Why have some working women succeeded at organizing in spite of obstacles to labor activity? Under what circumstances were they able to form alliances with male workers?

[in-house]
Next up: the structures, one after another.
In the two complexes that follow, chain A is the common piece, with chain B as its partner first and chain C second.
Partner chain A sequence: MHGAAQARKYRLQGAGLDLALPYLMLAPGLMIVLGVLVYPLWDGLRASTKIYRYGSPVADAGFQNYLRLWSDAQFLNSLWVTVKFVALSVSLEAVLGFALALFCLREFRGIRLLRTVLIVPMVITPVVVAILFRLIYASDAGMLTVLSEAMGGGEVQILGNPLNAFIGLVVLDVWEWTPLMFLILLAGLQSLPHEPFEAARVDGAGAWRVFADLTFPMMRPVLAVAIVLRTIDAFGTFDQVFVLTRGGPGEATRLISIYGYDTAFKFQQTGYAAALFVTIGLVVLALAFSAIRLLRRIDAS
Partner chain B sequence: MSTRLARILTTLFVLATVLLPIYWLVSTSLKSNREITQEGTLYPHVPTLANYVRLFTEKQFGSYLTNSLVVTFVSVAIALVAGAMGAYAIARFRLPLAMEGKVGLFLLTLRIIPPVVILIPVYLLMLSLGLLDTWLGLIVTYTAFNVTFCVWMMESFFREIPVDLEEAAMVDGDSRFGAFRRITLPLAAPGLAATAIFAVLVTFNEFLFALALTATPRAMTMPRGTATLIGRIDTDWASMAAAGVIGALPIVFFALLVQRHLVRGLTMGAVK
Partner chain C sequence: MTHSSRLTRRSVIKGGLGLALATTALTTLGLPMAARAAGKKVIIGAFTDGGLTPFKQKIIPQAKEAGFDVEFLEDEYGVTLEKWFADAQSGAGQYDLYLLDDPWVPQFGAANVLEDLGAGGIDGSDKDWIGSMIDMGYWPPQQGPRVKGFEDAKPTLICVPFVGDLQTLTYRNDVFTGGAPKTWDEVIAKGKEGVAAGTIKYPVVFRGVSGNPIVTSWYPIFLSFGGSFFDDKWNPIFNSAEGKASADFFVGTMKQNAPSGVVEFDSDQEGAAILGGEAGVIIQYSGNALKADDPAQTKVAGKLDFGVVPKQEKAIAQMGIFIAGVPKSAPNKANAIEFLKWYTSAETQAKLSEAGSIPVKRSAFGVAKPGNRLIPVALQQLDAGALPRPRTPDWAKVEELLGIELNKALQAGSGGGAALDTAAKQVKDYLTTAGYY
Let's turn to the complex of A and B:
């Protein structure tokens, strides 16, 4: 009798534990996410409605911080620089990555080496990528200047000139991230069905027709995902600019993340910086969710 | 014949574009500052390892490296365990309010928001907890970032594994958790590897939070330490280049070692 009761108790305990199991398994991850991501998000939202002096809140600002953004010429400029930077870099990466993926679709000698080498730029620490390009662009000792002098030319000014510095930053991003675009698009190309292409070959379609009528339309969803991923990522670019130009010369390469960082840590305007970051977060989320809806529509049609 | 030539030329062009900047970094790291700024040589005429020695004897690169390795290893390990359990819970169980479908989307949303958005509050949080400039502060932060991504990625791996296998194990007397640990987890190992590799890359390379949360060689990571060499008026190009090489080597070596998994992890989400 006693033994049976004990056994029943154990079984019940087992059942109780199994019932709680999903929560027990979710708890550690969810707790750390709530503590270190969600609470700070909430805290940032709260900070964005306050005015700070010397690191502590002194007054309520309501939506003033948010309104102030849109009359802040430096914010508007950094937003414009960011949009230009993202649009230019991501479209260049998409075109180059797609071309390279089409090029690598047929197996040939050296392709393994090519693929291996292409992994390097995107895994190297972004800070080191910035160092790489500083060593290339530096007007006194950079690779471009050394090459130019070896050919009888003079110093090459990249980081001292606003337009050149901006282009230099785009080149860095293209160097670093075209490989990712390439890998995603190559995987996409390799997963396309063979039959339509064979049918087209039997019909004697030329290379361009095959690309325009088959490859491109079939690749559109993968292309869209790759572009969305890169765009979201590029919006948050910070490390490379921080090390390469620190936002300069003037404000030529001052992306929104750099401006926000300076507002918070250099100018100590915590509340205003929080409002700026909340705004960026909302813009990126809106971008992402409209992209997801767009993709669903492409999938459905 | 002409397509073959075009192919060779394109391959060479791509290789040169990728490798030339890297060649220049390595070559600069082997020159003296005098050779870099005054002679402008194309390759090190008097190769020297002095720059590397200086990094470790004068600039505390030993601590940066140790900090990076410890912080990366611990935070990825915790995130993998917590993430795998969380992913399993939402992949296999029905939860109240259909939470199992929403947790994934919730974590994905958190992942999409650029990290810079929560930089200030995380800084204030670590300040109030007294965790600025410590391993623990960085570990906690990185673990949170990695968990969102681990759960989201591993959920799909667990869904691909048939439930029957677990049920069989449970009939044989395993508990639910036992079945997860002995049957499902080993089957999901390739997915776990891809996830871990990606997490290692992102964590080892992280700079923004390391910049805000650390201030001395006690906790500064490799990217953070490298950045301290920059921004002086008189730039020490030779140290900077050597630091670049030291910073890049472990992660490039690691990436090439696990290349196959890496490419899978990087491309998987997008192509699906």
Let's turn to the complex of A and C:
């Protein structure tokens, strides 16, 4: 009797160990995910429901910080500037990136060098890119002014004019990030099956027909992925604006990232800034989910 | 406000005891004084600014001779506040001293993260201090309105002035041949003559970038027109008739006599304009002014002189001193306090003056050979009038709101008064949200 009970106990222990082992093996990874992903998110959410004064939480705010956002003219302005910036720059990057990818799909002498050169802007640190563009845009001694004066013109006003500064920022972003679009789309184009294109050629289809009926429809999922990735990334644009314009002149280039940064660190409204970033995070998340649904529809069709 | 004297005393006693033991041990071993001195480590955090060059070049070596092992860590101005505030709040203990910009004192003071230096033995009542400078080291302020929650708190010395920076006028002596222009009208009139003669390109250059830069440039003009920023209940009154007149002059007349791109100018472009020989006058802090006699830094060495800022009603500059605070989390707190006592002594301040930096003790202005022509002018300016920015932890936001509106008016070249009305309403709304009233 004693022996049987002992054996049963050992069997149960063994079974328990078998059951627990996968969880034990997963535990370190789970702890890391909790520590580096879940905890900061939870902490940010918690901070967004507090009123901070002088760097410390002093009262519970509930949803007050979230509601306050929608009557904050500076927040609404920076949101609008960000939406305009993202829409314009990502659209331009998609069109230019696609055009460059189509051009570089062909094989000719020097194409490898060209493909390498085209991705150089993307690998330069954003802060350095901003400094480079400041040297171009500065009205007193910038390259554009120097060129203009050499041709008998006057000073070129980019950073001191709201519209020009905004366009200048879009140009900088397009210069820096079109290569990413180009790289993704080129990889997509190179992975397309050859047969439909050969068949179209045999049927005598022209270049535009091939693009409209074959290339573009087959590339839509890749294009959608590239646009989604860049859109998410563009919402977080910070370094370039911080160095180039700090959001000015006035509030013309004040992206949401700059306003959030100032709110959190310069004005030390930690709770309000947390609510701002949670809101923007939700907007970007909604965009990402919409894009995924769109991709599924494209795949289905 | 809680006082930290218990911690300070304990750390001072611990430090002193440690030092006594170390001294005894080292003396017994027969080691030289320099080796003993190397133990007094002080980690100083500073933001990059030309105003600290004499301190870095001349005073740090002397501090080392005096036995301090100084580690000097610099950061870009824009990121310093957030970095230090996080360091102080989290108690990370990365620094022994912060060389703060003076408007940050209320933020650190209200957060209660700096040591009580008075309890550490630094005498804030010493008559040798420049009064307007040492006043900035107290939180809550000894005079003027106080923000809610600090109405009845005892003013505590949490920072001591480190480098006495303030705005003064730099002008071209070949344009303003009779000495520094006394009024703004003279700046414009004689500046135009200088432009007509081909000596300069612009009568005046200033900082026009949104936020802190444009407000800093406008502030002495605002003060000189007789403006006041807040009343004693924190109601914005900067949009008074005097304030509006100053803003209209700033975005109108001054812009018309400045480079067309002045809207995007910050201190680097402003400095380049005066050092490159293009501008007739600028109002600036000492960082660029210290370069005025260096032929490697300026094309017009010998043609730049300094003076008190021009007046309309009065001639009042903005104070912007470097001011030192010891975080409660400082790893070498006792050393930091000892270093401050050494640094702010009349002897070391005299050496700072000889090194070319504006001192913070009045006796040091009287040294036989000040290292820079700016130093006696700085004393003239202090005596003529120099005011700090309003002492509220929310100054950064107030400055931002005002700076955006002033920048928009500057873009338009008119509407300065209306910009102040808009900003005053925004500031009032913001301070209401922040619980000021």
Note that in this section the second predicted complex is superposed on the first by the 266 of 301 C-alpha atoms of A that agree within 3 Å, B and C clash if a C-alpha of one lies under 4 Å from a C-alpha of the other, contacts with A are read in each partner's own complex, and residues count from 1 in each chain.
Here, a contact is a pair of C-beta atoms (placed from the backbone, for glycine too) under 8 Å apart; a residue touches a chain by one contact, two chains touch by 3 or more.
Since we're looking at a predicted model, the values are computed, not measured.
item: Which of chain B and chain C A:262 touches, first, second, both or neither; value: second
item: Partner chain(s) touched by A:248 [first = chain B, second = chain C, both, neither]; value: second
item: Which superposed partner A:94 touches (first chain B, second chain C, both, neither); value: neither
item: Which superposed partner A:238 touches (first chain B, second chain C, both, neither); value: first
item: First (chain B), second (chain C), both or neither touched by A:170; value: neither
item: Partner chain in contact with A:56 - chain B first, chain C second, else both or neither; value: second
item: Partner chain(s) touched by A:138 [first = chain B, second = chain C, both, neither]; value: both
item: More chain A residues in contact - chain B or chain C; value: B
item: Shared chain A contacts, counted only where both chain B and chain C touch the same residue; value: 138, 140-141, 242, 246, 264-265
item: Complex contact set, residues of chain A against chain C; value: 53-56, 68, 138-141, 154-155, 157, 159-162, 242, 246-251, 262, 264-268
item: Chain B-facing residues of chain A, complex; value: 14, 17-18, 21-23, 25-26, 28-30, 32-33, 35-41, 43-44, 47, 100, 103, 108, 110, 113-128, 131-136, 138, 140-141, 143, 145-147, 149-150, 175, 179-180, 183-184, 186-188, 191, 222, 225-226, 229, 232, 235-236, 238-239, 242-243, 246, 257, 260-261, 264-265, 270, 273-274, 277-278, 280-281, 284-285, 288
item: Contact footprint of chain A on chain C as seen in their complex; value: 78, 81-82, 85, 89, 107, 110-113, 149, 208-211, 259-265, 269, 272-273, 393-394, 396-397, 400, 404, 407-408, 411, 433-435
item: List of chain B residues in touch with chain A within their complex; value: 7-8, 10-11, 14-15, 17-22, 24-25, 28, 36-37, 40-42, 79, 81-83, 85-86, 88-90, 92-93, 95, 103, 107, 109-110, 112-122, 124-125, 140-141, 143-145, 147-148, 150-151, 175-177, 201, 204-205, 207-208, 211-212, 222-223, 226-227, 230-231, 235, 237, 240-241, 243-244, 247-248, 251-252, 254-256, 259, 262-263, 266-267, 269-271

Carole Turbin explores these and other questions by examining the case of Troy, New York. In the 1860s, Troy produced nearly all the nation's detachable shirt collars and cuffs. The city's collar laundresses were largely Irish immigrants. Their union was officially the nation's first women's labor organization, and one of the best organized. Turbin provides a new perspective on gender and shows that women's family ties are not necessarily a conservative influence but may encourage women's and men's collective action.